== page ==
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Volume 31 , Issue 4
July/August 2016

Page 739


Editorial: Take-Home Messages

Steven E. Eckert, DDS, MS

Every time we attend a continuing education meeting, there is a hope that at the end of the meeting there will be a distinct “take-home” message. Even if the presentations are designed to be theoretical or philosophical, there should be a link toward continuous improvement in the knowledge base or skills of the attendees. Understanding the desire to always take something home, we need to appreciate that some of the things we carry with us from a weekend meeting may not be pertinent to our clinical practice on Monday.

When sitting in the audience, we most likely make the assumption that the speakers’ presentations have been reviewed to ensure accuracy and the recommendations have been evaluated to ensure safety and efficacy. Of all the factors associated with a continuing education program, it is the question of safety and efficacy that creates the foundation for any of the messages that go home with the audience.

This raises the question of how presentations are evaluated. In research, this is actually a pretty easy process, because research institutions (universities, hospitals, etc) evaluate every research protocol through a form of institutional review board (IRB). Institutions are very diligent in ensuring that research protocols go through review. It is not just hospitals and universities, however; non–institutionally aligned clinical practices can go through review processes that mimic those of traditional IRBs. An example of such a program may be seen on the web at the Western IRB (www.wirb.com).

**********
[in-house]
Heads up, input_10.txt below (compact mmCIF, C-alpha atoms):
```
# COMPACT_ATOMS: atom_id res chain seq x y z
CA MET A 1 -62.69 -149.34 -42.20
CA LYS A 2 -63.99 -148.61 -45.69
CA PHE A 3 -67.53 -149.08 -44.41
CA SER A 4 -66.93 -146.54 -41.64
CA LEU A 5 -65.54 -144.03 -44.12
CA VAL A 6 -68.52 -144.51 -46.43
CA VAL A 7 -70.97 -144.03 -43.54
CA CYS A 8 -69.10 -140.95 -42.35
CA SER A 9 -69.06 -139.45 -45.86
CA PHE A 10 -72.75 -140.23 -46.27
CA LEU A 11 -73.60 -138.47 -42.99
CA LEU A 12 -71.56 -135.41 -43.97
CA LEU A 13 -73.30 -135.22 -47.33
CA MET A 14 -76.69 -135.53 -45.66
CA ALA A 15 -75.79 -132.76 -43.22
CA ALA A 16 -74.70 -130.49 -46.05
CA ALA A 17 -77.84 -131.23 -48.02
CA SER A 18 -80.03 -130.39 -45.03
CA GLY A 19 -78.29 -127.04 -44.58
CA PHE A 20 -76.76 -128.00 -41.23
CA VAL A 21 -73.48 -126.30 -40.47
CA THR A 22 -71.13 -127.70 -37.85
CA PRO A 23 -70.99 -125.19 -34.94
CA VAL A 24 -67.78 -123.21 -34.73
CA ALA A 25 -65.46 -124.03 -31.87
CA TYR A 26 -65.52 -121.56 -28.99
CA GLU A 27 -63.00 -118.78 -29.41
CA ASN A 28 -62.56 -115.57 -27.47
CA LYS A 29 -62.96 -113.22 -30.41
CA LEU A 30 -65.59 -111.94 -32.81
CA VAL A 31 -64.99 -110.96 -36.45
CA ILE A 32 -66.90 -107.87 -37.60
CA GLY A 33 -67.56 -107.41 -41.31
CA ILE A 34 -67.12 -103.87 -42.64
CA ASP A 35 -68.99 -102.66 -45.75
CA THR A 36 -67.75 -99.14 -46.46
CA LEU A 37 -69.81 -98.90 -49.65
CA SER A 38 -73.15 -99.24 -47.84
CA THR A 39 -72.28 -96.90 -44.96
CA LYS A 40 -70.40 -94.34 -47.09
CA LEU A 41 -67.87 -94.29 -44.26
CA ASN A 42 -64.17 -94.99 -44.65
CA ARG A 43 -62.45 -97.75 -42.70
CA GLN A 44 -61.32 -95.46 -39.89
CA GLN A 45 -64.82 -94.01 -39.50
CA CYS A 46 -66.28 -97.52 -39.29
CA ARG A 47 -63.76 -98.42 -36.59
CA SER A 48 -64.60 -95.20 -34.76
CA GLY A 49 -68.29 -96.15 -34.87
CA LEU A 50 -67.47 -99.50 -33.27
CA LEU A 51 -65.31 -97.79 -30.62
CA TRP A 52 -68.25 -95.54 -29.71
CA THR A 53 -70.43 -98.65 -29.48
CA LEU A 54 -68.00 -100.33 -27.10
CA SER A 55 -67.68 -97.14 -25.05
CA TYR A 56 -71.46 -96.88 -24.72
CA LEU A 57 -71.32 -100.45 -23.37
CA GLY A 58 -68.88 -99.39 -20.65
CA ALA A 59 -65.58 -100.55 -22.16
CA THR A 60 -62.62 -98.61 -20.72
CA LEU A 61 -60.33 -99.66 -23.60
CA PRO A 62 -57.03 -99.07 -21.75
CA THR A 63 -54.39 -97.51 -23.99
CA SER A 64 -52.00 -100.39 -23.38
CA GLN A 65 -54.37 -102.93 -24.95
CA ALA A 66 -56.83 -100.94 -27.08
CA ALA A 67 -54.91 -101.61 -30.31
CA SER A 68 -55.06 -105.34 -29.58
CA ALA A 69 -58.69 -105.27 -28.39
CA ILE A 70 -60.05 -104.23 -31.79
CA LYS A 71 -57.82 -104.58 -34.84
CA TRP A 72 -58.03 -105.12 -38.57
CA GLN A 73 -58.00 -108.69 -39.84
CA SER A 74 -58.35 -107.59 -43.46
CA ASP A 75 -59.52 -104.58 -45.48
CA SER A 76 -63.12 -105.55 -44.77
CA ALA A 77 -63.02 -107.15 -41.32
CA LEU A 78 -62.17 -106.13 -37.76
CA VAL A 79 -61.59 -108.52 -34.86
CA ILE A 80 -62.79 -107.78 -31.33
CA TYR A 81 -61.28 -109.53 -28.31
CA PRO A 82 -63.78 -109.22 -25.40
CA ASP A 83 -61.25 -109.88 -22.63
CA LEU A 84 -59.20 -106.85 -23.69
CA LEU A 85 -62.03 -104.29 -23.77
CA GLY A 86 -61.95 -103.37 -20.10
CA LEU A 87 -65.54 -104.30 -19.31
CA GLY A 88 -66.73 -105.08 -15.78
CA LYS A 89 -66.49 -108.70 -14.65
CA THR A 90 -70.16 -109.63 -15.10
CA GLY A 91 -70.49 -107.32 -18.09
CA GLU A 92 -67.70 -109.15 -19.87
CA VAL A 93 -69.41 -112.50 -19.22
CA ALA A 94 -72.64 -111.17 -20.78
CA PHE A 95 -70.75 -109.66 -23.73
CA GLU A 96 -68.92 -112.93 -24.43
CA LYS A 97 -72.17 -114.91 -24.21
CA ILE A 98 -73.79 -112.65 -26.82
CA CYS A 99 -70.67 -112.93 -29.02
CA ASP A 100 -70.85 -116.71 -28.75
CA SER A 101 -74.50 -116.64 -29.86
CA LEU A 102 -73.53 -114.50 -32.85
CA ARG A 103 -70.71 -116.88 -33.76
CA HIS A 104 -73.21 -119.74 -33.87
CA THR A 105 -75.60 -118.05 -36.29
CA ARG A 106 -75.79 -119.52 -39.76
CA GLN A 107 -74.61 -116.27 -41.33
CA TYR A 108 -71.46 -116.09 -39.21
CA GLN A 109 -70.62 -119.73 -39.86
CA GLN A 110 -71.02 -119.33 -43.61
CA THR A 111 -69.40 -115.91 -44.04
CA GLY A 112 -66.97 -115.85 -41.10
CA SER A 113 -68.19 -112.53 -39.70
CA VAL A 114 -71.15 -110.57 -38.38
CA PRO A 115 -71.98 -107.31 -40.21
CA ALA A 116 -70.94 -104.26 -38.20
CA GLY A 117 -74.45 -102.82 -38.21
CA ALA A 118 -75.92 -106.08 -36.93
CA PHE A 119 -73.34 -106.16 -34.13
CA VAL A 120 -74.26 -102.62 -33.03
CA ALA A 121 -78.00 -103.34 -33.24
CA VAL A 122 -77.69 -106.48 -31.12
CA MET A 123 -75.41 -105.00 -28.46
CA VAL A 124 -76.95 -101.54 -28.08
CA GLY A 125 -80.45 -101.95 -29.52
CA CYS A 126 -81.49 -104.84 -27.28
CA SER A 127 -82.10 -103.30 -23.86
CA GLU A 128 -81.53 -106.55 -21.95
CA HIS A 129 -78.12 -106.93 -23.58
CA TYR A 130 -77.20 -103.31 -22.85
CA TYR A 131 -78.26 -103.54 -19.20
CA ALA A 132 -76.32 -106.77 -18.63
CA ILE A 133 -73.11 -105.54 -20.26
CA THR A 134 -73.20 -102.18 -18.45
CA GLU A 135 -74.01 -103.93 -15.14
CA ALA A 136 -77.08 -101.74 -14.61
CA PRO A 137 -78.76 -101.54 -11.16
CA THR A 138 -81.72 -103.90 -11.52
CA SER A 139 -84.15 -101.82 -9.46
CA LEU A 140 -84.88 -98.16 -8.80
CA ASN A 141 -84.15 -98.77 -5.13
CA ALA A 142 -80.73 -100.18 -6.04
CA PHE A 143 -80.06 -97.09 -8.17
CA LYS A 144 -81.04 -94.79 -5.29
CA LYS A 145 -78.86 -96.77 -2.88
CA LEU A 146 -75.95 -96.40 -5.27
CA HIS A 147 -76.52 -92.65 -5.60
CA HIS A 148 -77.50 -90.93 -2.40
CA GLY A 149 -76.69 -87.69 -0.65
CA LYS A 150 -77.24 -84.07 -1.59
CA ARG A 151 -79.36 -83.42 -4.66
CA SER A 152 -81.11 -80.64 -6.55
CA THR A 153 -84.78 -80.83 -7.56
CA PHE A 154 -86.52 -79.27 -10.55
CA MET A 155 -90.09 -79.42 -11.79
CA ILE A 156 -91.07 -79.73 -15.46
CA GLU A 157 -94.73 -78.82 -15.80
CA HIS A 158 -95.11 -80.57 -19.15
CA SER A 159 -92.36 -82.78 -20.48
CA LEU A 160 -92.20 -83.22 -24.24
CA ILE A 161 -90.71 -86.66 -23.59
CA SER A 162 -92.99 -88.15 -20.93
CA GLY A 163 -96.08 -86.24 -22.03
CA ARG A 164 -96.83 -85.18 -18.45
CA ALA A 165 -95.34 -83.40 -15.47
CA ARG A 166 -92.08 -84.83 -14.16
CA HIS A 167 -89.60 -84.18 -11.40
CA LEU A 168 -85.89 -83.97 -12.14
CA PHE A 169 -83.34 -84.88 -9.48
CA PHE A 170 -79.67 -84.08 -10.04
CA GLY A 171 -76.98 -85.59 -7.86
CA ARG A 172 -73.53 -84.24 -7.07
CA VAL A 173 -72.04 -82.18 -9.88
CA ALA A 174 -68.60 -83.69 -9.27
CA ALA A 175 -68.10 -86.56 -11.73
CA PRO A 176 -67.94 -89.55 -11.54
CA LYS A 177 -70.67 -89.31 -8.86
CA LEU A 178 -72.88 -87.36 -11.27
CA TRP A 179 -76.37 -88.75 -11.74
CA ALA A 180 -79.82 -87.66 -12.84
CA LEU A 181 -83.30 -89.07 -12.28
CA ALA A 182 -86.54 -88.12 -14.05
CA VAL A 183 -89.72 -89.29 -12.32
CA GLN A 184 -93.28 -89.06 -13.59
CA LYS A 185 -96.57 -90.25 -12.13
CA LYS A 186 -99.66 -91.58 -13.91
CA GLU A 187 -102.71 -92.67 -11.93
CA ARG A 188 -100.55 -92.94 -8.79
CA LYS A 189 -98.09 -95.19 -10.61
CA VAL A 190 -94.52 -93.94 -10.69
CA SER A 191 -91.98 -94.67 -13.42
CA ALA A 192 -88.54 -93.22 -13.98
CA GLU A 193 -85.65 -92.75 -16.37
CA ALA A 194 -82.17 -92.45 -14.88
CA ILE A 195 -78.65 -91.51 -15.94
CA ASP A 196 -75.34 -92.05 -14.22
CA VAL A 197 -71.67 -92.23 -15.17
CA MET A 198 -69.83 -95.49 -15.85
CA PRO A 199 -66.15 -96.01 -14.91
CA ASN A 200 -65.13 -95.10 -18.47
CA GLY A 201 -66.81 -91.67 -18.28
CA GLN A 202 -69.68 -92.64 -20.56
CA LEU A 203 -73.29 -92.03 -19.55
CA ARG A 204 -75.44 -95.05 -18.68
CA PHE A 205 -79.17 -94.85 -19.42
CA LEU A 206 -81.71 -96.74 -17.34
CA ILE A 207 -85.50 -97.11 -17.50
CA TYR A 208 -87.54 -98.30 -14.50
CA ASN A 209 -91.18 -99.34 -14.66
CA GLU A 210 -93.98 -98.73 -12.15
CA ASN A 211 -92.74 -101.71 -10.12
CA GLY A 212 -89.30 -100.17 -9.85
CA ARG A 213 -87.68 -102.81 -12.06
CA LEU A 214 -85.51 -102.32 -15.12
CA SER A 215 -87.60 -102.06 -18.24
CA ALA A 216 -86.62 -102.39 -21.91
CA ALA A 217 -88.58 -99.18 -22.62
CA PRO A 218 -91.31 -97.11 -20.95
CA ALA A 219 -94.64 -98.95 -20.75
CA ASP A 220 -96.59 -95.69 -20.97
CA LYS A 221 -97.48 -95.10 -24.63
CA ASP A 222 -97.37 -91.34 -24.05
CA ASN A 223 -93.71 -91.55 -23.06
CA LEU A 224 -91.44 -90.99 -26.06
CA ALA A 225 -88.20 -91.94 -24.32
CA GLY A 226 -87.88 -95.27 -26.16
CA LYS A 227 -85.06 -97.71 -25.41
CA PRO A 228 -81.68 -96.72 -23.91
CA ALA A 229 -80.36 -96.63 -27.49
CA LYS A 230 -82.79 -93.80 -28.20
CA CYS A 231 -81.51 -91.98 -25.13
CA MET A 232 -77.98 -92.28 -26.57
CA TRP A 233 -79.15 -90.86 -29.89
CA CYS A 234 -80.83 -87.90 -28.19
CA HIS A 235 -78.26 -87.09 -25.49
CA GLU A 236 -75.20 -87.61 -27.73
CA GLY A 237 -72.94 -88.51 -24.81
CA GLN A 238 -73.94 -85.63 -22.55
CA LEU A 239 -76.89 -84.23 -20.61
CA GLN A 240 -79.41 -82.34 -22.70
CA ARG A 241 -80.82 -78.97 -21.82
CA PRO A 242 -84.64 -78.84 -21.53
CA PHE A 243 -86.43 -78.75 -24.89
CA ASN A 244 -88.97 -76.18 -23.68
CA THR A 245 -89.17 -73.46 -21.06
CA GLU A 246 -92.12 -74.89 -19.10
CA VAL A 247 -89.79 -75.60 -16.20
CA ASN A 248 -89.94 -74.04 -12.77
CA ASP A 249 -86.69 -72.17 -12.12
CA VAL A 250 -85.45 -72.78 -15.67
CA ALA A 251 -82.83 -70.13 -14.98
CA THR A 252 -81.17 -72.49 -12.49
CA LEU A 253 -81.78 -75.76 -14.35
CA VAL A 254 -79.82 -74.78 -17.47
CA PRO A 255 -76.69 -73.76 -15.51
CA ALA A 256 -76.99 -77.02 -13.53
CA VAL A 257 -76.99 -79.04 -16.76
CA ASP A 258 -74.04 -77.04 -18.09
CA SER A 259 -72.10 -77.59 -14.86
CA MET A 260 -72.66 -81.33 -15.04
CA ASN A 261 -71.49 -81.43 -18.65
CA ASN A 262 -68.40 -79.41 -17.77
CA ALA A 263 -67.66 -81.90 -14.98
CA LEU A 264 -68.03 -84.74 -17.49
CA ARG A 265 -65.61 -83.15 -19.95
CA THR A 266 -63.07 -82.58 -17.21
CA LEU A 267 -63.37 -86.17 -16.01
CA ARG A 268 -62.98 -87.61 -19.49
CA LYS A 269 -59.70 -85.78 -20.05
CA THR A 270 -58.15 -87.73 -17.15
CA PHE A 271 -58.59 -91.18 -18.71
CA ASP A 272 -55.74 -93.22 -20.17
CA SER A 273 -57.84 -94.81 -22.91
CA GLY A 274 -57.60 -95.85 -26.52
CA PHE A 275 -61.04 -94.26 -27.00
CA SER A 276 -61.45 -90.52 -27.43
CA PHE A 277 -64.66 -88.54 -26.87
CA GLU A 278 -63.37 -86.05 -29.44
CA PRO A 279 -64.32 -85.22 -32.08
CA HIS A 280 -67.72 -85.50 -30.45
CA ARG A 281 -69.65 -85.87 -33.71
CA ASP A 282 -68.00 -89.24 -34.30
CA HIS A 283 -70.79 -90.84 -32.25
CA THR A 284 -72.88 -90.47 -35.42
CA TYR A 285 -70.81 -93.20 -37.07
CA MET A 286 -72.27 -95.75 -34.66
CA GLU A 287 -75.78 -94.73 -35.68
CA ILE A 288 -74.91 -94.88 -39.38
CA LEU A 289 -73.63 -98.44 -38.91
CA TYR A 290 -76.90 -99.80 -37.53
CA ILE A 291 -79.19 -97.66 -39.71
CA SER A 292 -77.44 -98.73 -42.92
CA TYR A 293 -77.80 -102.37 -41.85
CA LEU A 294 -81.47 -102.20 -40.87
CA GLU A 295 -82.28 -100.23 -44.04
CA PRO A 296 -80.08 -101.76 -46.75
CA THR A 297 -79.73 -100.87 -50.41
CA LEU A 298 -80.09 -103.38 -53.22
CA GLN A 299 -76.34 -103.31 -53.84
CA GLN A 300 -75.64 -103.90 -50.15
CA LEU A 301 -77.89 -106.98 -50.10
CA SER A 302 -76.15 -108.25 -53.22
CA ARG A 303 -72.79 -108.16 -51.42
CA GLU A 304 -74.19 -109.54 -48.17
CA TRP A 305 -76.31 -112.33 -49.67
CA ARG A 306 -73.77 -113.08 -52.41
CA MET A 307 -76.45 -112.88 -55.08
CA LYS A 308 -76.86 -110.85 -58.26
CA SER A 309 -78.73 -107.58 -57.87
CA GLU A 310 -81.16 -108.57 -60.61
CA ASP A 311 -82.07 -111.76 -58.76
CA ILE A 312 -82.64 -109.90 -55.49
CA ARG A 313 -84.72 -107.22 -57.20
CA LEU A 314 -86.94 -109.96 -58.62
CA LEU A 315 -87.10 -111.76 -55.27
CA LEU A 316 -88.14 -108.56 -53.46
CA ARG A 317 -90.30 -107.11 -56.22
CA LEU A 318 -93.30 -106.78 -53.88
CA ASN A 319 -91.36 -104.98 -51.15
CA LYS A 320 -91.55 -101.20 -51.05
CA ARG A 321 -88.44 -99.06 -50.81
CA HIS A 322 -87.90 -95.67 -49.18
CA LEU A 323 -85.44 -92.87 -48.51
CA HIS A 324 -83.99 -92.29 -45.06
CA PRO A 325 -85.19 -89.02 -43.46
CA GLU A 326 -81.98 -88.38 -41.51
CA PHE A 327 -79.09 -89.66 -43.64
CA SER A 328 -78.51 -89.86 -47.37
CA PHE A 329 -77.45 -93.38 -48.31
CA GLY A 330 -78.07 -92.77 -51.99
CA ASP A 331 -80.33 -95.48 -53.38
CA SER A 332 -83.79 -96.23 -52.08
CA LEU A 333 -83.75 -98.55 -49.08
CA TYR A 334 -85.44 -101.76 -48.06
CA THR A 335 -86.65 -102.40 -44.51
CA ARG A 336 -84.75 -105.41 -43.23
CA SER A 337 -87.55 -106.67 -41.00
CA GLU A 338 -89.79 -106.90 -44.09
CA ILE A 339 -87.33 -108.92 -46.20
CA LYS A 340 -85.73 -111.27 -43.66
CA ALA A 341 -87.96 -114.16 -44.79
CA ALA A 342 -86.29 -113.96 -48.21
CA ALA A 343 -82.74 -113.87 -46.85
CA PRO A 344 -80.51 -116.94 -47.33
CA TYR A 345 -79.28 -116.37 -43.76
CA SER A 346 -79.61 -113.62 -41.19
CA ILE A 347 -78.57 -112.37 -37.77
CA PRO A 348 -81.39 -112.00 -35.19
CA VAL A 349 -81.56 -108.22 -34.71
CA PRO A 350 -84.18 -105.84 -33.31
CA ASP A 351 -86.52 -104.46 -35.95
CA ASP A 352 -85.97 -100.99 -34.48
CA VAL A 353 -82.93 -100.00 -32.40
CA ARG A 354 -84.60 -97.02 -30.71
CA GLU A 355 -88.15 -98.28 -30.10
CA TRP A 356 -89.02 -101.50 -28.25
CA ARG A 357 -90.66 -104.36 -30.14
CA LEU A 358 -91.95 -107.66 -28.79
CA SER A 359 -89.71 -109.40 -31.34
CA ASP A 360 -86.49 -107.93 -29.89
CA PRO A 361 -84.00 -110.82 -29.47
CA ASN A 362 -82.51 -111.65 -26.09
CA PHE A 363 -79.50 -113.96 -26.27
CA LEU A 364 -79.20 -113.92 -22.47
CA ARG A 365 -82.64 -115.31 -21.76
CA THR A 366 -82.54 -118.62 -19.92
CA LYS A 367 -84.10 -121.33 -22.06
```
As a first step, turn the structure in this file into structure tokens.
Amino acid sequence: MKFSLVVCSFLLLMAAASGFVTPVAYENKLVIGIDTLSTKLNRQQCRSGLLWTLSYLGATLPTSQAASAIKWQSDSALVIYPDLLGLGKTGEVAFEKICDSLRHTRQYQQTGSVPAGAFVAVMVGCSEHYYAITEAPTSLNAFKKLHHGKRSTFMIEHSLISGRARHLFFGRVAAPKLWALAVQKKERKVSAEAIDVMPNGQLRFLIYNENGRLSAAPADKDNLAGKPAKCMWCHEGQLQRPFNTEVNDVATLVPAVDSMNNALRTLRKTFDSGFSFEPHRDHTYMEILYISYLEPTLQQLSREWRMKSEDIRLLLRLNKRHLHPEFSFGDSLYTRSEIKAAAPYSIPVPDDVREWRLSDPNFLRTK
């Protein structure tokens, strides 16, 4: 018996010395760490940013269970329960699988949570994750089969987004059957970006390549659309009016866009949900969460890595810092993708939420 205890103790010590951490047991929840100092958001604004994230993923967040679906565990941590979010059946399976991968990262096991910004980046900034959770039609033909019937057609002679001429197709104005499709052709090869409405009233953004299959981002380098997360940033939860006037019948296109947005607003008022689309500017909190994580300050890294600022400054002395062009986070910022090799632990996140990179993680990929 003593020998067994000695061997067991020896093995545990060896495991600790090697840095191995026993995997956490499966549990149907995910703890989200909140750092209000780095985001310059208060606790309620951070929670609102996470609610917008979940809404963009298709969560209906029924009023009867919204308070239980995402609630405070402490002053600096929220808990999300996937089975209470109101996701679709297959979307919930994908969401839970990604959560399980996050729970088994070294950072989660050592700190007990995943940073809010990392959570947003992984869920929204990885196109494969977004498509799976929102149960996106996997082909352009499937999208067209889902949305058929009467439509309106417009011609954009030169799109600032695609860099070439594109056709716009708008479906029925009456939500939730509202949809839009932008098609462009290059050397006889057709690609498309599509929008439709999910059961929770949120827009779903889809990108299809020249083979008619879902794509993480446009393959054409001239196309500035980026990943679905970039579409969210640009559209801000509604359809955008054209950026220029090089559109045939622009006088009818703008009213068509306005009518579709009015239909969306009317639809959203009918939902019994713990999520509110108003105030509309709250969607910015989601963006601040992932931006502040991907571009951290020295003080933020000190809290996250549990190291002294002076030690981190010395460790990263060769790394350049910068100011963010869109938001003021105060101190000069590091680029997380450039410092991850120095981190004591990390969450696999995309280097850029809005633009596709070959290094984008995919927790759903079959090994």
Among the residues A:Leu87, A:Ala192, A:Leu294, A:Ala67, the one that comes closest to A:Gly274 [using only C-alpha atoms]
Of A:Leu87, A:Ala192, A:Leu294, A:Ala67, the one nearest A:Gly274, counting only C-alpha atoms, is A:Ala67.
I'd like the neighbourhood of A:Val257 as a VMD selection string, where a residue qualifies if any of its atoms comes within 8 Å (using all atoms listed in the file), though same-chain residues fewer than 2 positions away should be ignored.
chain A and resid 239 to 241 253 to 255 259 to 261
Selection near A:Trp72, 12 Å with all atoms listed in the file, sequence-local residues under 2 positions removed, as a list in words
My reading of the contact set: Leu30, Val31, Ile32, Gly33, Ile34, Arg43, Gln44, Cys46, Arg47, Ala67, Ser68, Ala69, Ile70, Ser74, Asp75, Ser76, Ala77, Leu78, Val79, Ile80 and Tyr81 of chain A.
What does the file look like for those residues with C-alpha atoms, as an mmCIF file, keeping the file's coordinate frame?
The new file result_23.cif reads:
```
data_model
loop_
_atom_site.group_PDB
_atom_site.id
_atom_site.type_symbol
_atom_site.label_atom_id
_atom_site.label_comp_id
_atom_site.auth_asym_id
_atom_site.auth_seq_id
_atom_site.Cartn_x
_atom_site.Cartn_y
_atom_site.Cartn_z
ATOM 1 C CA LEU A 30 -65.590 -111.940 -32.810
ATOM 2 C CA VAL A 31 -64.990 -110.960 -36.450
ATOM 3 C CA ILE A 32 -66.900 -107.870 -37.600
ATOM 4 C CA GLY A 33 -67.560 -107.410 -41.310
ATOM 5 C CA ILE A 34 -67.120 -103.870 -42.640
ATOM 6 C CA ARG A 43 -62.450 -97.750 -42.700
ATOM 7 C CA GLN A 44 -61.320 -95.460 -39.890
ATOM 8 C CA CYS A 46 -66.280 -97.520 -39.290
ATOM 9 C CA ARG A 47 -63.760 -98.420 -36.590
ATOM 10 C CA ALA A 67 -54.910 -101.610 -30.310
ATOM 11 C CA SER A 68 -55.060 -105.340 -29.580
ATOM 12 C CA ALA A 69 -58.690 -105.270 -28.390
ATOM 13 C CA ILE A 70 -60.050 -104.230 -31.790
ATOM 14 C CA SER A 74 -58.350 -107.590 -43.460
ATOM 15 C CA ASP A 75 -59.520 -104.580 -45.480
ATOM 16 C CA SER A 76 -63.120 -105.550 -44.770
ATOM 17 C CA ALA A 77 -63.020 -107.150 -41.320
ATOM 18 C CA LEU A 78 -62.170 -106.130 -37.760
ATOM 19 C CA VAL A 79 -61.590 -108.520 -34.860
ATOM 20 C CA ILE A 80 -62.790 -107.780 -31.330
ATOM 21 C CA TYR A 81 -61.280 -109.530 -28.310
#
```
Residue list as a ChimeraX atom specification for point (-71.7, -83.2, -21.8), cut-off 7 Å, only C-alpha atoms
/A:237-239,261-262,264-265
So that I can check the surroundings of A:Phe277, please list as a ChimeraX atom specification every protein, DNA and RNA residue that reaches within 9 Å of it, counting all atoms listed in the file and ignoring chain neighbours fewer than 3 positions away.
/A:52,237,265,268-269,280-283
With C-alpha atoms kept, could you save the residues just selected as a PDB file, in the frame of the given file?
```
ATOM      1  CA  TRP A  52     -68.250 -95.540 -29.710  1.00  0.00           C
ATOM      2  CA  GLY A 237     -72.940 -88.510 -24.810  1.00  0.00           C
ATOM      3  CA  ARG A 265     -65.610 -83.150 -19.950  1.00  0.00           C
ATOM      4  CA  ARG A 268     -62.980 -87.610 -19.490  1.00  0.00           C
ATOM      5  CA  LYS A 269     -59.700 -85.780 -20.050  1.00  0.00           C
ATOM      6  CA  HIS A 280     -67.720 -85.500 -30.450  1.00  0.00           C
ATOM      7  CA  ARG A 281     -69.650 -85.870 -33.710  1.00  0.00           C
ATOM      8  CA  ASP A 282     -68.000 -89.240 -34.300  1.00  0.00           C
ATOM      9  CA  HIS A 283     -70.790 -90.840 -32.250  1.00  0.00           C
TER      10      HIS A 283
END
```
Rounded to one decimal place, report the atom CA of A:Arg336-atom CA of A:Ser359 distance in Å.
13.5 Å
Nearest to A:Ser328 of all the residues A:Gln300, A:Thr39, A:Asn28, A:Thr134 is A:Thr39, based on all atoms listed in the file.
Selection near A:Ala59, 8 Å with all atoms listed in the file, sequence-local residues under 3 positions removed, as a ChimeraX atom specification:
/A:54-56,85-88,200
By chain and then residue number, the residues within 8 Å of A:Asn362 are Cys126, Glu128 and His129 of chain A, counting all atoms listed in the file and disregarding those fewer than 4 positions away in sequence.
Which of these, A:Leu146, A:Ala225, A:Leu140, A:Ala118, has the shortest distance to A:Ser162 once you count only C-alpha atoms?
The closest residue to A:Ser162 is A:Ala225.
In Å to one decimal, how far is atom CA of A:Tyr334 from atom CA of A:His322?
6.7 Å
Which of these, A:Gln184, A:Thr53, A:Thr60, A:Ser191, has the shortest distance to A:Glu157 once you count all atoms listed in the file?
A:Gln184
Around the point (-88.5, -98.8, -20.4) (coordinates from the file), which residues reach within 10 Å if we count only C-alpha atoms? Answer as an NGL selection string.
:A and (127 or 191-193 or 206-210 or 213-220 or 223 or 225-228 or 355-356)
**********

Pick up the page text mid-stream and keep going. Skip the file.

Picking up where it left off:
Different IRBs will determine their own individual goals; however, there are some goals that are virtually universal. Review boards will protect the rights of subjects involved in research, assess the risks and benefits of research, ensure patient confidentiality, and assess the appropriateness of informed consent. The IRB will also address questions regarding the maintenance of data, the type of data that may be maintained, the type of information that must be de-identified, and what may or may not constitute research.

Research is sometimes conducted on products, techniques, or devices that are used for purposes that differ from the original descriptions, often described as “offlabel” usage. This occurs with the use of pharmaceutical agents in indications that were not approved when the drug received its approval for marketing. Conversely, in some cases the drugs may be used for the approved indication, but the dosage, age group, or route of administration may differ from the original recommendations.

The “take-home” messages from presentations derived from research protocols that had undergone IRB assessment and approval are as strong as the research was stringent. The presence of review board approval does not ensure that the outcomes of the research provided definitive answers to the research question. Often, research is inconclusive because of small sample sizes, short study duration, or simply because the tested intervention was truly no better or worse than previously documented approaches. In some situations, the presentation may demonstrate an alternative treatment approach that offers no specific therapeutic advantages. In such a situation, the decision to use the newly described intervention may depend on tangential factors such as ease of use, cost, packaging, convenience of dosing, or a myriad of other factors that may lead the audience members to consider the newly described intervention.